When terms like “criminal conspiracy” and “felony” appear in confessions and plea bargains, the criminal-justice system sits up and takes notice. And when the confessed felons are some of the world’s largest corporations, the private sector ought to be jolted into action, too.
The continuing shame of confessed corporate misconduct – in this case, lawbreaking conducted with such a degree of guile that the U.S. Attorney General called it “breathtaking flagrancy” and that the FBI labeled it criminality “on a massive scale” – reached a new intensity this month: Four of the world’s largest banks confessed to taking part in a five-year-long conspiracy to manipulate the world’s foreign-exchange markets.
This latest in a series of stern legal judgments has damaged the corporate reputations of some of the world’s most pivotal financial institutions – with guilty pleas, to felony charges no less, entered by Citicorp, JPMorgan Chase & Co., Barclays PLC and The Royal Bank of Scotland PLC. A separate guilty plea by UBS – along with earlier fines against Bank of America and HSBC in separate settlements in related cases – has brought the total of fines against those once-trusted, now-tarnished firms to about $6 billion.
The corporate confessions of deliberate lawbreaking, pursued with systematic and sinister stealth – at the very center of the international financial system – vividly validate the recent exhortation of Christine Lagarde of the International Monetary Fund: that corporate governance must be strengthened and that a higher standard of individual ethics must prevail, especially in the financial sector.
Lagarde wisely linked skewed incentives and a short-term profit-maximization mindset to the risk of financial instability, in an eloquent recent address to the Institute for New Economic Thinking’s conference on “Finance and Society”: “There is still work to be done to address distorted incentives in the financial system. Indeed, actions that precipitated the [global financial] crisis were – mostly – not so much fraudulent as driven by short-term profit motivation. This suggests to me that we need to build a financial system that is both more ethical and oriented more to the needs of the real economy – a financial system that serves society, and not the other way round.”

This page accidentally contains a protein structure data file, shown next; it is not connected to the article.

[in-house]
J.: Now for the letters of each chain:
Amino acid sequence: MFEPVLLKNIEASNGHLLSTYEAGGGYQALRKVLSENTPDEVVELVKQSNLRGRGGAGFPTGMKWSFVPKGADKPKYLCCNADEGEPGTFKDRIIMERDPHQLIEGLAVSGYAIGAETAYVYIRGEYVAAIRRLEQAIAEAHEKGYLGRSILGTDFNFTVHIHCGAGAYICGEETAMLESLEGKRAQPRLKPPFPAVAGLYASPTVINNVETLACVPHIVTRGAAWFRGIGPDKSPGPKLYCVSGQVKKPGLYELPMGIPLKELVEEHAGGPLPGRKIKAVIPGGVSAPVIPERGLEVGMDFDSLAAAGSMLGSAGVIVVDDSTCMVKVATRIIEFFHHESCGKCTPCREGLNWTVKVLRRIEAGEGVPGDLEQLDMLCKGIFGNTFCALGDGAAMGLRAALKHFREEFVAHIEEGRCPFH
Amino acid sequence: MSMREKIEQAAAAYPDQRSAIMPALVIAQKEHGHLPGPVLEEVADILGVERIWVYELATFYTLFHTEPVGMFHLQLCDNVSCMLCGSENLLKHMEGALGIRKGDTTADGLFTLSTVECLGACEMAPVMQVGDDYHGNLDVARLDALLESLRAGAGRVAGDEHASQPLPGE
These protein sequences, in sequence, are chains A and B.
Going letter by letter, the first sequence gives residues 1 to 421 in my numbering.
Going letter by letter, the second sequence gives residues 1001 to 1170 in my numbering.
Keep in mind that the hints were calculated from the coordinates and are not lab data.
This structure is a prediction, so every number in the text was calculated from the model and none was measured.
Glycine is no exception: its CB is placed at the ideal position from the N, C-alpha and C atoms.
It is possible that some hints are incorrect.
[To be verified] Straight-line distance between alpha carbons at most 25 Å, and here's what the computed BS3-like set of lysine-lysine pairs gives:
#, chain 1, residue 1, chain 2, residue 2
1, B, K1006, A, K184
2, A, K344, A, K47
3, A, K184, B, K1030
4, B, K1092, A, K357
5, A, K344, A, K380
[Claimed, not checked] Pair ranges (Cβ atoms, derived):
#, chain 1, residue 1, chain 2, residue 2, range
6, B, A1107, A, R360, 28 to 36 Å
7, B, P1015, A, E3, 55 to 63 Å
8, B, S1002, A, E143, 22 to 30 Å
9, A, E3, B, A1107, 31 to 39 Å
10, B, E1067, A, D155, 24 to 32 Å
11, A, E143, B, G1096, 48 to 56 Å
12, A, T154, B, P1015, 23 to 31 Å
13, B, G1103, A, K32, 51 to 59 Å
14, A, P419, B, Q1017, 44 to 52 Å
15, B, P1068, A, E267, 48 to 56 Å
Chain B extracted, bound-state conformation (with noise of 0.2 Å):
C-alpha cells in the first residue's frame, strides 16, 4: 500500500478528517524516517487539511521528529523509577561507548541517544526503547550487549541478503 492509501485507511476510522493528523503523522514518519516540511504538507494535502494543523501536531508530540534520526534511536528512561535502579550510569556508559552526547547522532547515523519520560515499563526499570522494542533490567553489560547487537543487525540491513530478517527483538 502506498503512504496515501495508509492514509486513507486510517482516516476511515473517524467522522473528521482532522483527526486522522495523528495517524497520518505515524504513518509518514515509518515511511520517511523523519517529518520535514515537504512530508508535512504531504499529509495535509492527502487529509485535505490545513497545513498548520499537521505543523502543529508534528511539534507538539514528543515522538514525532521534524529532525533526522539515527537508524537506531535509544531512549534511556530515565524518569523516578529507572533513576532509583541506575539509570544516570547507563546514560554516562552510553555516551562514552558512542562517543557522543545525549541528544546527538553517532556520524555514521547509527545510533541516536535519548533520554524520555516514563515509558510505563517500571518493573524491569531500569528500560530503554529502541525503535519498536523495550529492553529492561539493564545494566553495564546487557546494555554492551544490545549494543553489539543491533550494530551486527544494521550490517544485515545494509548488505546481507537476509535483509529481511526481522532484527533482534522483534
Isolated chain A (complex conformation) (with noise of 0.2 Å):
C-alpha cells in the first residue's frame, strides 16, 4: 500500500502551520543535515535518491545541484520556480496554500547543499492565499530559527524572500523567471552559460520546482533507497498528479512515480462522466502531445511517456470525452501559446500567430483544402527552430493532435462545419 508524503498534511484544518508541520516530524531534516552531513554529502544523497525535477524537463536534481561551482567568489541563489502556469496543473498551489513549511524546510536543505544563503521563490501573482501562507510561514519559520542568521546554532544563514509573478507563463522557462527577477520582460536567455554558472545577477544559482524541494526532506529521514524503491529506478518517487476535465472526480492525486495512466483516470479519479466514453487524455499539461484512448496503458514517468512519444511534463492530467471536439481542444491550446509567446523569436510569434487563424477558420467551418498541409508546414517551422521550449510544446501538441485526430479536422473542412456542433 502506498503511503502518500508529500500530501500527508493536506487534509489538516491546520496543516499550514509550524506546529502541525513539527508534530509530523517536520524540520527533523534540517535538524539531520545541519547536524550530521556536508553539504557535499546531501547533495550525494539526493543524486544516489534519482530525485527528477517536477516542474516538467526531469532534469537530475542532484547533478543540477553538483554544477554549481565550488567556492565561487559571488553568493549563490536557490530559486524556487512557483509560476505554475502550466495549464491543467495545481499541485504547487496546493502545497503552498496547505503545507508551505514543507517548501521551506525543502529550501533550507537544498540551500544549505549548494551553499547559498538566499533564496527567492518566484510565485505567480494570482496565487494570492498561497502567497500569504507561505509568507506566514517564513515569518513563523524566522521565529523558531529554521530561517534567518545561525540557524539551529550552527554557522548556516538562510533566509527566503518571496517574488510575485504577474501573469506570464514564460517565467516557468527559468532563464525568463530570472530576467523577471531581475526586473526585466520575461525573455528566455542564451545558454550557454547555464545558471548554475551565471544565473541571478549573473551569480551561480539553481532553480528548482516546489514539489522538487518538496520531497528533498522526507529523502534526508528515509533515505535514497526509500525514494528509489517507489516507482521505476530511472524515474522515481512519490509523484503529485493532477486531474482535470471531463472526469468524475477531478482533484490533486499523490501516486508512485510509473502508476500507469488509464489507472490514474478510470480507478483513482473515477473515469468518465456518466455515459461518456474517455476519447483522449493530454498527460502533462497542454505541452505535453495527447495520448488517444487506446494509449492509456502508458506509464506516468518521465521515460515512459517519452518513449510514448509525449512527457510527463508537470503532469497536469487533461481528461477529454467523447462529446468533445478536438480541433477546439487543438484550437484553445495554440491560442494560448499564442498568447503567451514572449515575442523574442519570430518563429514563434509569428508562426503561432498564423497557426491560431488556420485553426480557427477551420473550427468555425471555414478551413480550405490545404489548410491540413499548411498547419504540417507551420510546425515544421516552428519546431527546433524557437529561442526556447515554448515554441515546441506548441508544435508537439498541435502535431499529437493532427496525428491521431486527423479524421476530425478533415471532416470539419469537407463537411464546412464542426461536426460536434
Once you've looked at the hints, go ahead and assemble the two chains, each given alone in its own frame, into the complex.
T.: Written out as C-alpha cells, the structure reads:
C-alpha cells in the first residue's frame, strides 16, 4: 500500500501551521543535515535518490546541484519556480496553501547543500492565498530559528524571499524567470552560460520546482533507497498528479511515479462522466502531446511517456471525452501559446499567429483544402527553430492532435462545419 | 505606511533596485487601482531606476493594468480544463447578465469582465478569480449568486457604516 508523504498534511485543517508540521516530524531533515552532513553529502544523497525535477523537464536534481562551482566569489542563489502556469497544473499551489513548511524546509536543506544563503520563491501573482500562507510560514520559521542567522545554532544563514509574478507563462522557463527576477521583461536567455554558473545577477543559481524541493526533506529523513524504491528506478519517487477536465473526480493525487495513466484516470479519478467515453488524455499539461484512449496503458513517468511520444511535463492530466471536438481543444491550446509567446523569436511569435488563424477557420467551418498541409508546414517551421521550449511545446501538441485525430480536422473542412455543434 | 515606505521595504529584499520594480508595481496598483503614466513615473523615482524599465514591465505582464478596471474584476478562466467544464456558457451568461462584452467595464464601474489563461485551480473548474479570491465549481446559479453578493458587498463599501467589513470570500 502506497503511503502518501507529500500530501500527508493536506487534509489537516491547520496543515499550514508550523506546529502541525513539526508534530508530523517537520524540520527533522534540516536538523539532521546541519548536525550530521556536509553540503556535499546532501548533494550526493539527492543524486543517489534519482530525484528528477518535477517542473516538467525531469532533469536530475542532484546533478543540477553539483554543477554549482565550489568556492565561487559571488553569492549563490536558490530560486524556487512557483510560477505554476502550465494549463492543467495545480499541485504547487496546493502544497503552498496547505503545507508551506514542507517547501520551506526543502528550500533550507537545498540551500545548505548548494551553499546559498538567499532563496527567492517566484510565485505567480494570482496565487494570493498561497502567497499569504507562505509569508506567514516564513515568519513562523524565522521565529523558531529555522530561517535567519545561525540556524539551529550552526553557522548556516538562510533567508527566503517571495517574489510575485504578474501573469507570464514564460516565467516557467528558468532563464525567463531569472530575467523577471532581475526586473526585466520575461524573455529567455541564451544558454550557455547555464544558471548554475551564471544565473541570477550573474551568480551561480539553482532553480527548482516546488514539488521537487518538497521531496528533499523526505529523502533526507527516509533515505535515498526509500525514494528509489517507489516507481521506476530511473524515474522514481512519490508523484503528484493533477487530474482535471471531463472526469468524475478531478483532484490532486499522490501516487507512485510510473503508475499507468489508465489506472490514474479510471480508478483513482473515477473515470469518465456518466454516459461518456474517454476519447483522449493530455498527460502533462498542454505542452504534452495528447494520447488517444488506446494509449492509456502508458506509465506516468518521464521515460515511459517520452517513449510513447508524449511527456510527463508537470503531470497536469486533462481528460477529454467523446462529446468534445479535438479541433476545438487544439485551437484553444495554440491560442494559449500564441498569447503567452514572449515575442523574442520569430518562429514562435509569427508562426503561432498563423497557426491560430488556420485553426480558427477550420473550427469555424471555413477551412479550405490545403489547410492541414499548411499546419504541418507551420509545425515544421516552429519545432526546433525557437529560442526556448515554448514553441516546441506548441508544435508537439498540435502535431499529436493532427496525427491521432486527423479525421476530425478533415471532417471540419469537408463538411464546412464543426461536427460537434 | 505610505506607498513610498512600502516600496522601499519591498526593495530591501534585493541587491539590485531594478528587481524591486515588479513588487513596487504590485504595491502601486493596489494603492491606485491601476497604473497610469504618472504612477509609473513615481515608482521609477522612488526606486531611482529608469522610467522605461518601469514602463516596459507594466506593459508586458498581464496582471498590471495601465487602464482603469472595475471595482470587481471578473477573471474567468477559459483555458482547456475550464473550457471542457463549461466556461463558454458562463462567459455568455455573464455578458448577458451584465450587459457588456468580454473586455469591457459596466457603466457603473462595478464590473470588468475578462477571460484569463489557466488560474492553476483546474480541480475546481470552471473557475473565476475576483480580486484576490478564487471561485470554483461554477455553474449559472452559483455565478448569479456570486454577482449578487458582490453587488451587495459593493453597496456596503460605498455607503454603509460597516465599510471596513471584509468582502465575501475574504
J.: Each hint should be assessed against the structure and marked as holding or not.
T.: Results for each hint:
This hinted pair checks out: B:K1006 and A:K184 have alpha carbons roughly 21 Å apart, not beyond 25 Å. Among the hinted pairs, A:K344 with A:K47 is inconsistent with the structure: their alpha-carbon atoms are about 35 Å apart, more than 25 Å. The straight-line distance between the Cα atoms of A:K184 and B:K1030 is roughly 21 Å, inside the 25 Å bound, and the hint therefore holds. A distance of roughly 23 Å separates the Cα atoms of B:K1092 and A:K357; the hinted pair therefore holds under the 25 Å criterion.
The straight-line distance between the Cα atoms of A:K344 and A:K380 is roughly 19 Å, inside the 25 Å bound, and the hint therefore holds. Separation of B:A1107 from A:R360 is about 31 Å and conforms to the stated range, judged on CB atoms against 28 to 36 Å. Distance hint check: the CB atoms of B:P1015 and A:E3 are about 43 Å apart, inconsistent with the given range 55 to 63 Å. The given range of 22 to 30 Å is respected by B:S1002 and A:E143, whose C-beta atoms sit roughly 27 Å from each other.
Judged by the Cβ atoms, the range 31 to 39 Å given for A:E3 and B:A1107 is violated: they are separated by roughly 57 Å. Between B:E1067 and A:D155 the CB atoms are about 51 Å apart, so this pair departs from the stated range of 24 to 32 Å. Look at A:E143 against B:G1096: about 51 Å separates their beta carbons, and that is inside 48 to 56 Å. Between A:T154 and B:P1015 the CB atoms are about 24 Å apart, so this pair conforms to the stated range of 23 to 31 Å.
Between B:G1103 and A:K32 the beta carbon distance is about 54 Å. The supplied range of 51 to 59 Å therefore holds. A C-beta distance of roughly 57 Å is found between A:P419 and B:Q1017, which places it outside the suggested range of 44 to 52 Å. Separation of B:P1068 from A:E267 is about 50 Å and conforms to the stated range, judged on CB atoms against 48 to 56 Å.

Those who champion the creative potential of the private sector (including, I imagine, the regular readers of this blog) have a particular reason – one might even say, a special responsibility – to voice their anger about the foreign-exchange-rigging scandal and other acts of lawlessness.
Idealists who esteem the private sector’s ingenuity in delivering growth and jobs sans frontières know that business' creativity will be indispensable in achieving the vital development goals of eliminating extreme poverty and promoting shared prosperity. Society thus rightly expects that the full measure of corporate energies should be focused on companies’ central mission of generating wealth that benefits all of society. Whenever any of those energies are diverted – especially toward criminal schemes that put short-term personal plunder ahead of long-term economic growth – the lawbreakers undermine public confidence (or what little remains of it, in the wake of the global financial crisis) in the fairness of the economic system.
Moreover, lawbreakers provide ammunition to critics who allege that today’s economic system is irredeemably corrupt, through-and-through – thus making it even more difficult for law-abiding companies, holding true to the values of honest business behavior, to make the case for policies that liberate private-sector dynamism.